“Life is a matter of choices, and every choice you make makes you.” —John C. Maxwell
Last week, I posted about how I was struggling to make decisions.
I came up with a 3 step plan to be more decisive. The 3 steps were these:
- Use the 5-second-rule in which I give myself 5 seconds from the moment I decide to do something to get up and go
- Follow my heart and/or stop overthinking
- Have fun
I also added a fourth step once I got going. It’s a very important step that kept me motivated and it was this –
- Each morning, write some variation of the mantra:
“I am capable of making decisions and sticking to them!”
Okay, so, how did the week go?
The 5-second-rule showed up more at the beginning of my week. I didn’t exactly think “5-4-3-2-1-GO,” but I did make quicker choices with the 5-second-rule in mind. I didn’t sit around and deliberate the order of my next moves or if I should or shouldn’t do things.
On the second day, I didn’t feel caged by time and I felt content with the choices that I made.
That contentment came from following my heart. Though I find that advice frustratingly vague, there is something to it. It’s very similar to the 5-second-rule in that you don’t give yourself a lot of time to make decisions, you just do.
When I was able to make choices without overthinking or analyzing, I had more time to take action and I felt at peace with the decisions I did make.
On the third day, I opened up an honest conversation with someone and I found it difficult to shake the emotions of the situation. Normally, I would be frustrated with myself for letting my emotions control me in that way, and it was frustrating, but I chose to step away from what I felt I needed to get done that day and focus more on enjoyable tasks. It’s a decision that would normally make me feel guilty and incapable, but instead, I felt like I’d chosen well for myself.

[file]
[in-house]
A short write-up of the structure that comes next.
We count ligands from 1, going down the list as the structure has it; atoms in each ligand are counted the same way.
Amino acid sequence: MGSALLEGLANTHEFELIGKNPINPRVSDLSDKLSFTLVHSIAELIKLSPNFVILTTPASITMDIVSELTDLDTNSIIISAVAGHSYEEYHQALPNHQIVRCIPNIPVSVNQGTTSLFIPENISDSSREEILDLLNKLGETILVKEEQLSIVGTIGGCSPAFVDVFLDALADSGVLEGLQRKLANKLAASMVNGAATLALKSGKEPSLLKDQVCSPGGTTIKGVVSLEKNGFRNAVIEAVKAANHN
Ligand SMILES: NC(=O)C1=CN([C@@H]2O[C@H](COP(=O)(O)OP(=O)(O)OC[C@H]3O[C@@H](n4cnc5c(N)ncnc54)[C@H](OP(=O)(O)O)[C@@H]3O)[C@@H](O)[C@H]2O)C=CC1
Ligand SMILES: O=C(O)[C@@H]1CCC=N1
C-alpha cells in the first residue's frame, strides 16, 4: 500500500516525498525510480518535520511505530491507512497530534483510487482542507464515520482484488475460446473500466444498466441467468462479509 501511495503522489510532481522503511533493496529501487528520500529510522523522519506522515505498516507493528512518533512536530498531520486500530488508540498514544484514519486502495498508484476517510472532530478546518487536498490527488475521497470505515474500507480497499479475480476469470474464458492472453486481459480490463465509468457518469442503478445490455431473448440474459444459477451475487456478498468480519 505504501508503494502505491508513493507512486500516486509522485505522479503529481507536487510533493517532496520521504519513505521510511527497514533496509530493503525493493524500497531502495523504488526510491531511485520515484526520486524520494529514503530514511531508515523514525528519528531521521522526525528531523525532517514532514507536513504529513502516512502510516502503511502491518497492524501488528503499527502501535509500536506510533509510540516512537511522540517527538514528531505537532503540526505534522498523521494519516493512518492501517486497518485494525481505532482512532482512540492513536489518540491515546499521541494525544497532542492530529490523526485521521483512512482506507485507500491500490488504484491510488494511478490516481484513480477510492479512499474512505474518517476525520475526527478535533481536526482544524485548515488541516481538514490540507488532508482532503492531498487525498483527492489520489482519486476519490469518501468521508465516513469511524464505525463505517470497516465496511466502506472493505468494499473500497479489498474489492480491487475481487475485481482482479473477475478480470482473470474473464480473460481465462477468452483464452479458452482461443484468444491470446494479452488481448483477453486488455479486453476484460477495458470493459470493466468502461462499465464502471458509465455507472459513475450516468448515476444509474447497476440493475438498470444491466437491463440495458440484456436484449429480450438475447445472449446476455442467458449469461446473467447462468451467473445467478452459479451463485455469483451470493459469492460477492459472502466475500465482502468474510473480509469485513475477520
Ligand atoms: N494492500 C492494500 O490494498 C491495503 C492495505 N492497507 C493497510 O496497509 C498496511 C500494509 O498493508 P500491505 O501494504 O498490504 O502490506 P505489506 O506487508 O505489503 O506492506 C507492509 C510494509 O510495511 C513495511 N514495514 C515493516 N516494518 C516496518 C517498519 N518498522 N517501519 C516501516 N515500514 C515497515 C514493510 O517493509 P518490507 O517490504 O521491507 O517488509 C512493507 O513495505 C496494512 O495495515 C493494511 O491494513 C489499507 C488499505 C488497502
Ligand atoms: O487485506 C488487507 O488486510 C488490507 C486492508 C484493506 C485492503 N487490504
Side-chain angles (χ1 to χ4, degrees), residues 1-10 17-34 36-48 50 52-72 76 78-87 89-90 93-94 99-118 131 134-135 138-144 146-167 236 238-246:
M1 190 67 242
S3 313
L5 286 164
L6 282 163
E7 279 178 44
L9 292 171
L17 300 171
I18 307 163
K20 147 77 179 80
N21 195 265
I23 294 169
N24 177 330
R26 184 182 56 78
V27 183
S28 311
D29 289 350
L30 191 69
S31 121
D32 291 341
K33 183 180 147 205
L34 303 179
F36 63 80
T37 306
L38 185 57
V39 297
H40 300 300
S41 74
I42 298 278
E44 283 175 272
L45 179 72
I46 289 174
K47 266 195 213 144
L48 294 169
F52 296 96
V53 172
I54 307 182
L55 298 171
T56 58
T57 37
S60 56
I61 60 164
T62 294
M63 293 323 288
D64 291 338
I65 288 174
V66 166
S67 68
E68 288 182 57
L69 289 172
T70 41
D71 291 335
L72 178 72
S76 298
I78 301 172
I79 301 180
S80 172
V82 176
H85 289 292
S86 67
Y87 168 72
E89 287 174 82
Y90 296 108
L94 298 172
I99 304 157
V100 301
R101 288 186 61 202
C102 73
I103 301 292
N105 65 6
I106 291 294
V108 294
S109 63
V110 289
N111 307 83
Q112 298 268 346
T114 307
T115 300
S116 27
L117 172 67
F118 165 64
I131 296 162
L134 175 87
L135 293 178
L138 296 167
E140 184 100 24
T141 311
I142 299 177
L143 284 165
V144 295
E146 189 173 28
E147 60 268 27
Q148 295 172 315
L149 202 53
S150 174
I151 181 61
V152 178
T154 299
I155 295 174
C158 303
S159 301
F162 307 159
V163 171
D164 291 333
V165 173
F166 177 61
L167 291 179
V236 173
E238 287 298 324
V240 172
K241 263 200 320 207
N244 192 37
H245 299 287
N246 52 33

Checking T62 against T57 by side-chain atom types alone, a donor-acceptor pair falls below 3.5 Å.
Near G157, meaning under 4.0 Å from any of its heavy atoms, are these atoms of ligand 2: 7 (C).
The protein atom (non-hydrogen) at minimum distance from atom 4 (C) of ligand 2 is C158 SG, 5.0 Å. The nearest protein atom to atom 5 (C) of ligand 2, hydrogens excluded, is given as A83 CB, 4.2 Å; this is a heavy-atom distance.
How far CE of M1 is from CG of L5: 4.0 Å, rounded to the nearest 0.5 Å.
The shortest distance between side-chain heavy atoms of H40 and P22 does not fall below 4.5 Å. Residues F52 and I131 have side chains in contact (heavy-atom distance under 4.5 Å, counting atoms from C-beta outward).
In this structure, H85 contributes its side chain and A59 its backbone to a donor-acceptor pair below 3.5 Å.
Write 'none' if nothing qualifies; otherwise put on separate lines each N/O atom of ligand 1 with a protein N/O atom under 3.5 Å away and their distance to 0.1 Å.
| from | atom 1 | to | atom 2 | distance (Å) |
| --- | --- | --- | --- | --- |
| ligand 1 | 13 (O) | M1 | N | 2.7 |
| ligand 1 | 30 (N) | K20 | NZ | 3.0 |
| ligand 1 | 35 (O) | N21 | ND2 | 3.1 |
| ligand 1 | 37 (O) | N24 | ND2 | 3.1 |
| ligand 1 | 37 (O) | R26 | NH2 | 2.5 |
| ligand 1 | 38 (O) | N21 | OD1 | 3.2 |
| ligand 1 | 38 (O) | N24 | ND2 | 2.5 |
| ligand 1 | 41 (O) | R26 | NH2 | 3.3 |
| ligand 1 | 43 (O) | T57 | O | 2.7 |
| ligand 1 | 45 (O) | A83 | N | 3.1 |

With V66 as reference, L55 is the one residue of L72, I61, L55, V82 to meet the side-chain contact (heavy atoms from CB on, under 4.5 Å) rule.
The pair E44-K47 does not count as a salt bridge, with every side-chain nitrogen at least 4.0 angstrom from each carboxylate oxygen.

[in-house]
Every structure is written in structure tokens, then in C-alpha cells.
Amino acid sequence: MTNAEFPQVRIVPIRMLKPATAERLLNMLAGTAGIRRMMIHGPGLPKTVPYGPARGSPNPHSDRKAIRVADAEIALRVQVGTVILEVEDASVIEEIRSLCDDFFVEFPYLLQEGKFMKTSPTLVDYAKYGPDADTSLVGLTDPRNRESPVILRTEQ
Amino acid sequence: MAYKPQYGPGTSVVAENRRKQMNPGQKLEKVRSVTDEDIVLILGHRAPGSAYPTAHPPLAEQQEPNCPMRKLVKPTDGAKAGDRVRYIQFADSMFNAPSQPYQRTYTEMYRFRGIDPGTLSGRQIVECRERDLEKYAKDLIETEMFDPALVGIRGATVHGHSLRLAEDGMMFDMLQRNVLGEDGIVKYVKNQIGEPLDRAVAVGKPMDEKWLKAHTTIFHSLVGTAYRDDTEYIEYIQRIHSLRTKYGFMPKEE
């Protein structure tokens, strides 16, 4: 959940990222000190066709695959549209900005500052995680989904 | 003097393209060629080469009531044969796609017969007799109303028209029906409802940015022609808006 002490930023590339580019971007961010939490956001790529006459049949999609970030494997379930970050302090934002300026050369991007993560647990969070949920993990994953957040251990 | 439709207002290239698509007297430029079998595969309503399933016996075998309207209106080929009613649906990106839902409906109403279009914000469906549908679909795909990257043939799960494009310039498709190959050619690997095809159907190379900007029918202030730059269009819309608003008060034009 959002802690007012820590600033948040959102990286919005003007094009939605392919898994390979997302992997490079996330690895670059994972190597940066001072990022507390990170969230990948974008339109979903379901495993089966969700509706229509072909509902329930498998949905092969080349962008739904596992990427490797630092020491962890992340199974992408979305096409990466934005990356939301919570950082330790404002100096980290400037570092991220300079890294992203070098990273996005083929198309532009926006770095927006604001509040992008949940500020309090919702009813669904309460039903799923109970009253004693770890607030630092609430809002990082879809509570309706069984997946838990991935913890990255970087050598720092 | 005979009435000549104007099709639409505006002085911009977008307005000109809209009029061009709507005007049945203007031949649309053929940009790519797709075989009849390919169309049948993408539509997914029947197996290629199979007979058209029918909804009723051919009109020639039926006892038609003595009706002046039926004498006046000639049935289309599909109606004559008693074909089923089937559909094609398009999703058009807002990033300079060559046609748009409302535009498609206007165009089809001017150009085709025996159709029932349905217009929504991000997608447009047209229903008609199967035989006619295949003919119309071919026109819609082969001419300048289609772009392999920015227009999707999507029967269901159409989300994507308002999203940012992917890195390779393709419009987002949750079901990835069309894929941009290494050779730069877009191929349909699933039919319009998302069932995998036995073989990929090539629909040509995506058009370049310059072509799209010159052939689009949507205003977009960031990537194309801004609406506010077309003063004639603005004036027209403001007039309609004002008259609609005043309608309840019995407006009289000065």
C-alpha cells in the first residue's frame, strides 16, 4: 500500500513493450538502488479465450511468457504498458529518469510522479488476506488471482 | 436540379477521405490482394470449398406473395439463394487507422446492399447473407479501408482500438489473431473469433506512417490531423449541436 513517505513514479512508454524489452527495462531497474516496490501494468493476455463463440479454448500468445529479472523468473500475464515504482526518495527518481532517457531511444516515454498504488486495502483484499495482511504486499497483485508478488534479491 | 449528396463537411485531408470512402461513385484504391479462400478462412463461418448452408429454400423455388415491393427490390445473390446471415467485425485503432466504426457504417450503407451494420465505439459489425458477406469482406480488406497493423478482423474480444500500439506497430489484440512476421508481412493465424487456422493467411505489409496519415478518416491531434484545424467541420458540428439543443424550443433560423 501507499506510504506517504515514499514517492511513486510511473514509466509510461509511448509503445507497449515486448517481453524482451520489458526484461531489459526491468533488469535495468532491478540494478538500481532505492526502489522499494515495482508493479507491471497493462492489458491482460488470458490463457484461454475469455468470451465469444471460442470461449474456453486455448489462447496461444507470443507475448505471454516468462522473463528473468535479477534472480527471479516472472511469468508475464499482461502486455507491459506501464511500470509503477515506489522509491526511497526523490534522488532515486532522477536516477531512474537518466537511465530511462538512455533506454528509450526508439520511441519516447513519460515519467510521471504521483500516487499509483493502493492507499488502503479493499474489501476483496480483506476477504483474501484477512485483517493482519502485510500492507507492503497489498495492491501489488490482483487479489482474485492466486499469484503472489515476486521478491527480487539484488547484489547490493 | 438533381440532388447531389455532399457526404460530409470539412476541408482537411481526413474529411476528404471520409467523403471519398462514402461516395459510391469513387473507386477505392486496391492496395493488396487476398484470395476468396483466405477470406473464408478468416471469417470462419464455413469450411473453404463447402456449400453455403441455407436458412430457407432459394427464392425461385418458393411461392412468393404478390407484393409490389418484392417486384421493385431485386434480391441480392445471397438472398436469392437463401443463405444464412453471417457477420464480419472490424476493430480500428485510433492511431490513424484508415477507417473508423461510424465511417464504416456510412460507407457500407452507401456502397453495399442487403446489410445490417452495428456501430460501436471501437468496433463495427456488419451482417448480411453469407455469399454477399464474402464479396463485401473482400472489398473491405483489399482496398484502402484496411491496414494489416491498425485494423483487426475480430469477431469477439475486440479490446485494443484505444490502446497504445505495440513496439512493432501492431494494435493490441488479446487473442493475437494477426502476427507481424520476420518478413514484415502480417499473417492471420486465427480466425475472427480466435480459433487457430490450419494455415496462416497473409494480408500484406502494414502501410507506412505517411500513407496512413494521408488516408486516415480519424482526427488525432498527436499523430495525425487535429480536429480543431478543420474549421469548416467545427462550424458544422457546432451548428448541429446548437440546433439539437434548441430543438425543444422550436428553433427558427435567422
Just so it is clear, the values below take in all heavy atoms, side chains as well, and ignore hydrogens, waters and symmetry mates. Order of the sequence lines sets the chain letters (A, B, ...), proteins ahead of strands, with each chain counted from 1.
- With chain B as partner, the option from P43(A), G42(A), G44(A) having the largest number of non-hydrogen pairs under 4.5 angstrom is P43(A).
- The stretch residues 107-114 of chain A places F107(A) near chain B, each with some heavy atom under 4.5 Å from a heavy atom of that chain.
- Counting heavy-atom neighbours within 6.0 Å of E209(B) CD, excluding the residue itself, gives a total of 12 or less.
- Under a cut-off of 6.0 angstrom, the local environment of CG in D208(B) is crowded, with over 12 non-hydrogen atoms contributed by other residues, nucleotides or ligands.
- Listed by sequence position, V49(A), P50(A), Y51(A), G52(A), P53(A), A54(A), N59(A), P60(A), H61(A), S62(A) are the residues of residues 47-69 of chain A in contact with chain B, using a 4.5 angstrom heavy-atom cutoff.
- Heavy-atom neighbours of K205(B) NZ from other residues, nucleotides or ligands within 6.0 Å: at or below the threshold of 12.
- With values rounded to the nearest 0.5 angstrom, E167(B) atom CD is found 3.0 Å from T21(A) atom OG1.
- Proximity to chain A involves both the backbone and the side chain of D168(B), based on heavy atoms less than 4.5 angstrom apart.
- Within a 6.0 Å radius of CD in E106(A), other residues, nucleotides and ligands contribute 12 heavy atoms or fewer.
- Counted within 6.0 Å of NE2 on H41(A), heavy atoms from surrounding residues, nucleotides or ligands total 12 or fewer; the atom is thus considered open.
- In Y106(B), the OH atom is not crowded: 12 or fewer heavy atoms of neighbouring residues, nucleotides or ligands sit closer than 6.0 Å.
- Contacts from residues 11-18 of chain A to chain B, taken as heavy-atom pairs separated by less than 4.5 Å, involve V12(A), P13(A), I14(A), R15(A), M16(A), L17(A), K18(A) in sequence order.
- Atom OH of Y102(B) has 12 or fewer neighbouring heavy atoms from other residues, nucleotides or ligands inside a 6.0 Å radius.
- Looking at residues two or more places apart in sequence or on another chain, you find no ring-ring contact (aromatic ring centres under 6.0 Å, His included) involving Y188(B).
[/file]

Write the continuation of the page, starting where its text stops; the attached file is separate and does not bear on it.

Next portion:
I also changed my mind on day three. It was a small decision between watching a show or heading to bed early, but I’m pleased with myself for finding the balance between sticking with a decision and recognizing that sometimes the first decision we make isn’t quite right. I had turned on the TV and was getting ready to wind down when I realized that I was way too tired to stay up for another hour so I turned off the TV with ease. I took the dog out and went to bed early.
On Day 4, I followed a self-made routine.
I absolutely loved the freedom within the structure.
The structure allowed me to make decisions about how to spend my time with ease because my morning was planned. While a routine doesn’t necessarily seem to fit in the “follow your heart” territory, I found the structure gave me more opportunities to follow my heart. I felt accomplished by noon so after lunch I felt free to go with the flow because I didn’t have any guilt about not getting a lot of work done in the morning.
On Day 5, I woke up with a headache and felt really frustrated when I couldn’t find any relief from the tension because it seemed like I was straying from my new-found routine way too soon, but I acknowledged that discomfort and found a compromise. I stuck to half of my routine, and then took a nap since none of my other efforts at calming my headache were working. I made the choice without guilt or fear that I was doing something wrong and when I woke up, I had relief from the headache and was able to enjoy the rest of the day.